Reading the Tea Leaves: The HITECH Act & Health Reform in the Wake of the Election

NOV 17

The results of the November mid-term elections signaled Republican gains across the board and a majority win in the House. This power shift creates an air of uncertainly and raises a major question for the future of healthcare in the United States.  For those in the Healthcare IT domain, many wondered if this political sea change would affect the $20 Billion promised to EMR adoption through “meaningful use” in the HITECH Act.

Many pundits believe a major focus of the recent election was Obama’s healthcare reform legislation. In fact, according to HIMSS, nearly 20% of voters indicated that health was the single most significant factor in their vote.  It’s important to remember that the HITECH Act is part of the American Recovery and Reinvestment Act (ARRA) established in 2009 and not part Obama’s healthcare reform initiative.  The HITECH Act was established as an important initiative to create jobs and usher America’s outdated healthcare system into the modern age.  When HITECH was established in 2009 it received wide support from democrats and republicans alike.

So what do these election results mean for the future of the HITECH Act?

  • Repeal or reduction in funding is highly unlikely. Most experts can agree with the conclusion that healthcare IT funding is not a key item targeted for spending cuts.  According to Jennifer Haberkorn, a healthcare policy and politics reporter with POLITICO, “It’s not on the radar”.  Haberkorn and other experts agree that Obama’s Healthcare Reform is the banner issue and the HITECH Act should proceed as planned with full funding.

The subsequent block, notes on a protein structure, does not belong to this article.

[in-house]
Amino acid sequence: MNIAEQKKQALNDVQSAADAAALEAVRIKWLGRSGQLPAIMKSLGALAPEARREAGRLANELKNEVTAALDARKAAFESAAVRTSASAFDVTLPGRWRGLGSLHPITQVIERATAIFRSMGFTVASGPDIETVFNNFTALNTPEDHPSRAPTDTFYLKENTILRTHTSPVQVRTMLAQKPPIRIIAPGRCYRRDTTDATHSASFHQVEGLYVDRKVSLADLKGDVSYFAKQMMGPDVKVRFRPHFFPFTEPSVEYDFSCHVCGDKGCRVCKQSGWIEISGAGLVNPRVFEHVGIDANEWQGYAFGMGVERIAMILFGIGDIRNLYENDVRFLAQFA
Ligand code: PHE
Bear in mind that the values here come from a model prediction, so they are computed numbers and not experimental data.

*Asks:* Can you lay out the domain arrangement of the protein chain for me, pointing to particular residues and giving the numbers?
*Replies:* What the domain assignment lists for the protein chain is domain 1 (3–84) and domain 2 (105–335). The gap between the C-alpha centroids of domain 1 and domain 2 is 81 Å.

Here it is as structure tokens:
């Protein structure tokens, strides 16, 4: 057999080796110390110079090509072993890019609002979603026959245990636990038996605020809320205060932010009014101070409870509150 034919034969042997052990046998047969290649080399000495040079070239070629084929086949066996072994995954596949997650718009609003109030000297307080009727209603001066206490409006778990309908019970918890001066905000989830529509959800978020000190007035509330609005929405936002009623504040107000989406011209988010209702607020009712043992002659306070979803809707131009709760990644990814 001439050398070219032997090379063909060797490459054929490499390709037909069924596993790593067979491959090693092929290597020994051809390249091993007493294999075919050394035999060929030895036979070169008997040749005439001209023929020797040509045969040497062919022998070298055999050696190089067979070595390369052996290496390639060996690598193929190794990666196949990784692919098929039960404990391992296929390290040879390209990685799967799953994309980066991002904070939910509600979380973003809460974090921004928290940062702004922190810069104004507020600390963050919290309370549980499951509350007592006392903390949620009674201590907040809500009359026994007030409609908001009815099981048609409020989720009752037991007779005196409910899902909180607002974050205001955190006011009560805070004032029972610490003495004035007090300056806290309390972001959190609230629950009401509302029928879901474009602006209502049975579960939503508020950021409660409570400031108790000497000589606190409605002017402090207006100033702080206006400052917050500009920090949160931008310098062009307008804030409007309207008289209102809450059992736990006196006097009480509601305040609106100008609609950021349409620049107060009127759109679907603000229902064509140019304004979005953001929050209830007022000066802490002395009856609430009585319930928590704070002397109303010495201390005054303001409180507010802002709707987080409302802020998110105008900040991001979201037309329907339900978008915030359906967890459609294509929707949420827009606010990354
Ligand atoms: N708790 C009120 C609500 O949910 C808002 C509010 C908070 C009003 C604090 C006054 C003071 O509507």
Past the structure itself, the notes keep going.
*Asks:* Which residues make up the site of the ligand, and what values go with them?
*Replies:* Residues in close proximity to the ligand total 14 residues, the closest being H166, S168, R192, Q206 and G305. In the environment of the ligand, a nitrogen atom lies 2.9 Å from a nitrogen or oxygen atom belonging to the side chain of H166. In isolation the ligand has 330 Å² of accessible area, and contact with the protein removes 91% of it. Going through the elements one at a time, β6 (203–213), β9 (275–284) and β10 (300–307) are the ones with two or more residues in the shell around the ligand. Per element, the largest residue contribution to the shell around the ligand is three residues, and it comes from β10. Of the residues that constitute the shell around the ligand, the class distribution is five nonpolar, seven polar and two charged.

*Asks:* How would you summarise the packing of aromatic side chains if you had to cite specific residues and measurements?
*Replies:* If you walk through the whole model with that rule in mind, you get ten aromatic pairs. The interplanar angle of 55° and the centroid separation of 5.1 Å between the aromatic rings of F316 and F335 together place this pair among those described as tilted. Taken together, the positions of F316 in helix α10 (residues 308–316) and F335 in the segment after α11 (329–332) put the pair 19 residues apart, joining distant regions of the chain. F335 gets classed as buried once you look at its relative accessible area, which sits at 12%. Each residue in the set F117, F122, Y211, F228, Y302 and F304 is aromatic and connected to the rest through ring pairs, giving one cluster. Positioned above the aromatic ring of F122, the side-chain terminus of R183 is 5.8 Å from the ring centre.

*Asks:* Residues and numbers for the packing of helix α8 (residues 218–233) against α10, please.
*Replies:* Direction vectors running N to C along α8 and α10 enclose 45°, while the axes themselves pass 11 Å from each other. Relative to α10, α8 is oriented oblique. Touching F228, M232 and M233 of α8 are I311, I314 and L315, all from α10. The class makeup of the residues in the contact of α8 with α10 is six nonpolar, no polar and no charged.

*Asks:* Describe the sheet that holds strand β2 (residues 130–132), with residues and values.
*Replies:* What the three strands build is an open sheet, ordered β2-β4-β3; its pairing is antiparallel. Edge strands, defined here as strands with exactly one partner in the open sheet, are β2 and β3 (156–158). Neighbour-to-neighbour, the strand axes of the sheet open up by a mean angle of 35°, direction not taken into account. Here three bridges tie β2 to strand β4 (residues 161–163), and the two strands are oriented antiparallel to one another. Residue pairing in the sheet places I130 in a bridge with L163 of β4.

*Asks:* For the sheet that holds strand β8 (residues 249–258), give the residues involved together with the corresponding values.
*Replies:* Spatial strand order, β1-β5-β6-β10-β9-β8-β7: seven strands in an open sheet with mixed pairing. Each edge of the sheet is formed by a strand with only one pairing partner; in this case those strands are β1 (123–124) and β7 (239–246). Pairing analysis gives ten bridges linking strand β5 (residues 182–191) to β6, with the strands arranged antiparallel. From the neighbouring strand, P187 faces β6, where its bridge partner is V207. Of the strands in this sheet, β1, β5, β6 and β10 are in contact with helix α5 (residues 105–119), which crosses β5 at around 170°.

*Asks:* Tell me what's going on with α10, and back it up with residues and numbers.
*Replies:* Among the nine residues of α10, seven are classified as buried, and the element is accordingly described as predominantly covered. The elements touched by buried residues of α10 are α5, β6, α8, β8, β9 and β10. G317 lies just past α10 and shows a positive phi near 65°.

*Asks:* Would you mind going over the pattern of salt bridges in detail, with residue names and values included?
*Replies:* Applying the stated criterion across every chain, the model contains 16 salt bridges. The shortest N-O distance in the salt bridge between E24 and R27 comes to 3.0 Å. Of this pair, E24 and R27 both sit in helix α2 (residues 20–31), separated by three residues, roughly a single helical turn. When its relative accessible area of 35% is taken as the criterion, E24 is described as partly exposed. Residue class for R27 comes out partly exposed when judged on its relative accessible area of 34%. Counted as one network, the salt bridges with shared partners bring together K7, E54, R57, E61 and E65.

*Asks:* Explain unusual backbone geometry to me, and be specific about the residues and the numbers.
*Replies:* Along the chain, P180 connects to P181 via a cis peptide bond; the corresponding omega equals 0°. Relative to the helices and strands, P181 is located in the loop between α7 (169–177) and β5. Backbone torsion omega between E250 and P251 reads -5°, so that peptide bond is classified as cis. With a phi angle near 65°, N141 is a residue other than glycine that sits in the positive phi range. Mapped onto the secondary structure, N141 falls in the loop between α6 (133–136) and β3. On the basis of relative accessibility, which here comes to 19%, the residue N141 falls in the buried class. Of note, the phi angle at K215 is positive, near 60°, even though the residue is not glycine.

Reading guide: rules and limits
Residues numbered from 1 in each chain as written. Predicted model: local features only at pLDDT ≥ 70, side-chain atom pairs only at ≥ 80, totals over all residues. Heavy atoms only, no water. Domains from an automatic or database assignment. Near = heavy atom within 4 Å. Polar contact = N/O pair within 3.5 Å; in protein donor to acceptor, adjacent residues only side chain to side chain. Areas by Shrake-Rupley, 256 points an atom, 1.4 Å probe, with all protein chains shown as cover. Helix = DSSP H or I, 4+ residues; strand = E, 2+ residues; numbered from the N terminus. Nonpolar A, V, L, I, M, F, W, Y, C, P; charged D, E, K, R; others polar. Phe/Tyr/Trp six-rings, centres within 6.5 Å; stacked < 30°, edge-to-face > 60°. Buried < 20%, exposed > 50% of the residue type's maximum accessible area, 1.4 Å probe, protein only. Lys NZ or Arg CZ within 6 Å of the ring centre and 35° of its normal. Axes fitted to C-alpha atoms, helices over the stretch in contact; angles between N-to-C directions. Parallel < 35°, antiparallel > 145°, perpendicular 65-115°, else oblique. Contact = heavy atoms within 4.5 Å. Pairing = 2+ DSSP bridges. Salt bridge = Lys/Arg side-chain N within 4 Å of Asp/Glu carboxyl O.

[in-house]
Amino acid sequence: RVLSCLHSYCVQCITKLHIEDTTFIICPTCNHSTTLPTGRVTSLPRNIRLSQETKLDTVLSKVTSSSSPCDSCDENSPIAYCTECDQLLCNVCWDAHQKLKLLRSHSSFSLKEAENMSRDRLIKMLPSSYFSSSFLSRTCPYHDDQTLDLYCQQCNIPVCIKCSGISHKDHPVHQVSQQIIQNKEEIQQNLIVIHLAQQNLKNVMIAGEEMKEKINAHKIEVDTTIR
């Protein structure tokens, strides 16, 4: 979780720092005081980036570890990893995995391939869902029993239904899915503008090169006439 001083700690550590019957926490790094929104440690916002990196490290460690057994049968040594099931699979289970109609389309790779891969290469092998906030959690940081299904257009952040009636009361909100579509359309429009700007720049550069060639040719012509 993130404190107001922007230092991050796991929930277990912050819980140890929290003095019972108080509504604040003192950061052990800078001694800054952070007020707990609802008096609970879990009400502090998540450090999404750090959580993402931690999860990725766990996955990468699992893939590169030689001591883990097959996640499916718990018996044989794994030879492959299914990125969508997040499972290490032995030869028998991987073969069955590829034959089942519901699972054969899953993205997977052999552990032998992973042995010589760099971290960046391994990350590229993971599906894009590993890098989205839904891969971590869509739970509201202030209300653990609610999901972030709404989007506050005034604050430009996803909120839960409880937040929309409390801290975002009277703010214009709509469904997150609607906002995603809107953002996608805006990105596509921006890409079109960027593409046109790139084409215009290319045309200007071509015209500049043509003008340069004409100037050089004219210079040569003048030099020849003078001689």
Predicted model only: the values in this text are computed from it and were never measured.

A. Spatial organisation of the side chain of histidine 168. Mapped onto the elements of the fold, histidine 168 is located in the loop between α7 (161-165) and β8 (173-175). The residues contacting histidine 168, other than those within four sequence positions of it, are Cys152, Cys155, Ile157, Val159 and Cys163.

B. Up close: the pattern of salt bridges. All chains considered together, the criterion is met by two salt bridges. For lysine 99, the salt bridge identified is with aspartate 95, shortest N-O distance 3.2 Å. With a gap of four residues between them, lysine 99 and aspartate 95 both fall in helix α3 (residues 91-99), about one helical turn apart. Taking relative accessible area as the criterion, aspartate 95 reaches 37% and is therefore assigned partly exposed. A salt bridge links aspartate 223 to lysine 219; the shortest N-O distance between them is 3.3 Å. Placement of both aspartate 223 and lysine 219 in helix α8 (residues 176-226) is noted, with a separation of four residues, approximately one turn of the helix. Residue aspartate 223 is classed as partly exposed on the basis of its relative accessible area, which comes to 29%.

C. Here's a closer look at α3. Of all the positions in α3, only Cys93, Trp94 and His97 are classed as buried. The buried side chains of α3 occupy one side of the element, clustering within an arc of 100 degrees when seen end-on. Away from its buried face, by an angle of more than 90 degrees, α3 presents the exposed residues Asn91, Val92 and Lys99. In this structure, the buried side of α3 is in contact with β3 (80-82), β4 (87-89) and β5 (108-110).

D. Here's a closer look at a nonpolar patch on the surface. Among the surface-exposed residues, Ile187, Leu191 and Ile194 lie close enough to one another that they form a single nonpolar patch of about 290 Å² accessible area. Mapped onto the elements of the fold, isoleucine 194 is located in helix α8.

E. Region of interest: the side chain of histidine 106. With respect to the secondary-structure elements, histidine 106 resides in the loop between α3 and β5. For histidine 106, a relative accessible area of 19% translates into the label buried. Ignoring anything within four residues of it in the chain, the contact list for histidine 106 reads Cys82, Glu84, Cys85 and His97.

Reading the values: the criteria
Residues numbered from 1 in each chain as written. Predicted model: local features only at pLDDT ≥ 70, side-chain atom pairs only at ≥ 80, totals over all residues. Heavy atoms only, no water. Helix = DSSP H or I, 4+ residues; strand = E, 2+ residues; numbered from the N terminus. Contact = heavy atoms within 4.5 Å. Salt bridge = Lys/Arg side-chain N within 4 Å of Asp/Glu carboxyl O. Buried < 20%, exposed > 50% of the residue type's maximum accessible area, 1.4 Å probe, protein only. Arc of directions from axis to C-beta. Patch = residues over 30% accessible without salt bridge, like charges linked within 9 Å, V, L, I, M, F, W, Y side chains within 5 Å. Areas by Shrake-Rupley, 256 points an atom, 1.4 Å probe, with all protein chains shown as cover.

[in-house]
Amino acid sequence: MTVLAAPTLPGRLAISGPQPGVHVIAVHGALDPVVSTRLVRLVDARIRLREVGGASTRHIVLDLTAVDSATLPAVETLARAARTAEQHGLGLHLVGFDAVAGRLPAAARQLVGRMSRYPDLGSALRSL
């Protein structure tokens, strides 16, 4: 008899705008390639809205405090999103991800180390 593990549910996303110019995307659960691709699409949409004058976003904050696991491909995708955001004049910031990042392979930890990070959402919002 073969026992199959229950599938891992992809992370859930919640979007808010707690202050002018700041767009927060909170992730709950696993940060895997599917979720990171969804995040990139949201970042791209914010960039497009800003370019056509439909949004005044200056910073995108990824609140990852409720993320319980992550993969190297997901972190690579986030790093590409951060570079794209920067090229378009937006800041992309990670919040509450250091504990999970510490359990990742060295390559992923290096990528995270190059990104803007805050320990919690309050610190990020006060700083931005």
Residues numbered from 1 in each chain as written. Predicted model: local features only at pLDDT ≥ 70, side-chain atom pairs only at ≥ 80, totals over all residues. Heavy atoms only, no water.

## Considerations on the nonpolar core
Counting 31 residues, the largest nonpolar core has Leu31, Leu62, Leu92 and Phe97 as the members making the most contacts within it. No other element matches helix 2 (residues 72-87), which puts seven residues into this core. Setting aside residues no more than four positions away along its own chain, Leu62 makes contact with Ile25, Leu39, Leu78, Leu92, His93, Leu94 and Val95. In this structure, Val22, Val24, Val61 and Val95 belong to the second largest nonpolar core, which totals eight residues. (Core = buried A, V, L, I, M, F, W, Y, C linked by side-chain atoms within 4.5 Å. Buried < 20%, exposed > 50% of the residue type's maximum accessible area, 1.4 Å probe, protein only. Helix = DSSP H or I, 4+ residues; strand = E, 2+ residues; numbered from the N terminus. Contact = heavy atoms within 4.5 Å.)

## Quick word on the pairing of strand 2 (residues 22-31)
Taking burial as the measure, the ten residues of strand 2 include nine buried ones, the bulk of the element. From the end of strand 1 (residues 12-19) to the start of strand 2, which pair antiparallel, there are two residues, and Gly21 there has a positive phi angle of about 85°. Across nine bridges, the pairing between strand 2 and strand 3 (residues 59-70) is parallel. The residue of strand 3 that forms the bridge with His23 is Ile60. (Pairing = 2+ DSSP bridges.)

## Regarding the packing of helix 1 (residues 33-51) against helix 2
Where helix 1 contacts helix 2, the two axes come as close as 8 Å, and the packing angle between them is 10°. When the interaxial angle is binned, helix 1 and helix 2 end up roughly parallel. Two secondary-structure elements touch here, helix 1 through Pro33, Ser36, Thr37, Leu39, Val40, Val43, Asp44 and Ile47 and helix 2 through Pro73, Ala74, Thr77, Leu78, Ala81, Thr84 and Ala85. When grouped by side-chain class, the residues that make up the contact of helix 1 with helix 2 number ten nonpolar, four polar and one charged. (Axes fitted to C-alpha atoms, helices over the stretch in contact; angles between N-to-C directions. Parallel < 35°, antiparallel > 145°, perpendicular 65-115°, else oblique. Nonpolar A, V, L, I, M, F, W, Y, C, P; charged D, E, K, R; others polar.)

• Increased oversight on all healthcare spending, including HITECH. More scrutiny will be placed on all government spending going forward and there will be no exception for the HITECH Act.
 
  • More uncertainty. All of these factors create uncertainty.  This could lead to hospitals spending money quickly rather than wisely. Changes to the definition of “meaningful use” or other legislative modifications will create headaches for healthcare institutions banking on these Federal dollars.
 

The view of TripleTree and most experts is that HITECH Act is safe for the time being.  This is good news to the Healthcare IT domain and those who are driving to see technology improvements in the U.S. healthcare system.  TripleTree is closely following these developments. Stay tuned for updates related to the HITECH Act.  Visit www.himss.org to see a detailed presentation entitled, “A Post – Election Analysis: Potential Effects on Health IT Policy”.

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Michael Boardman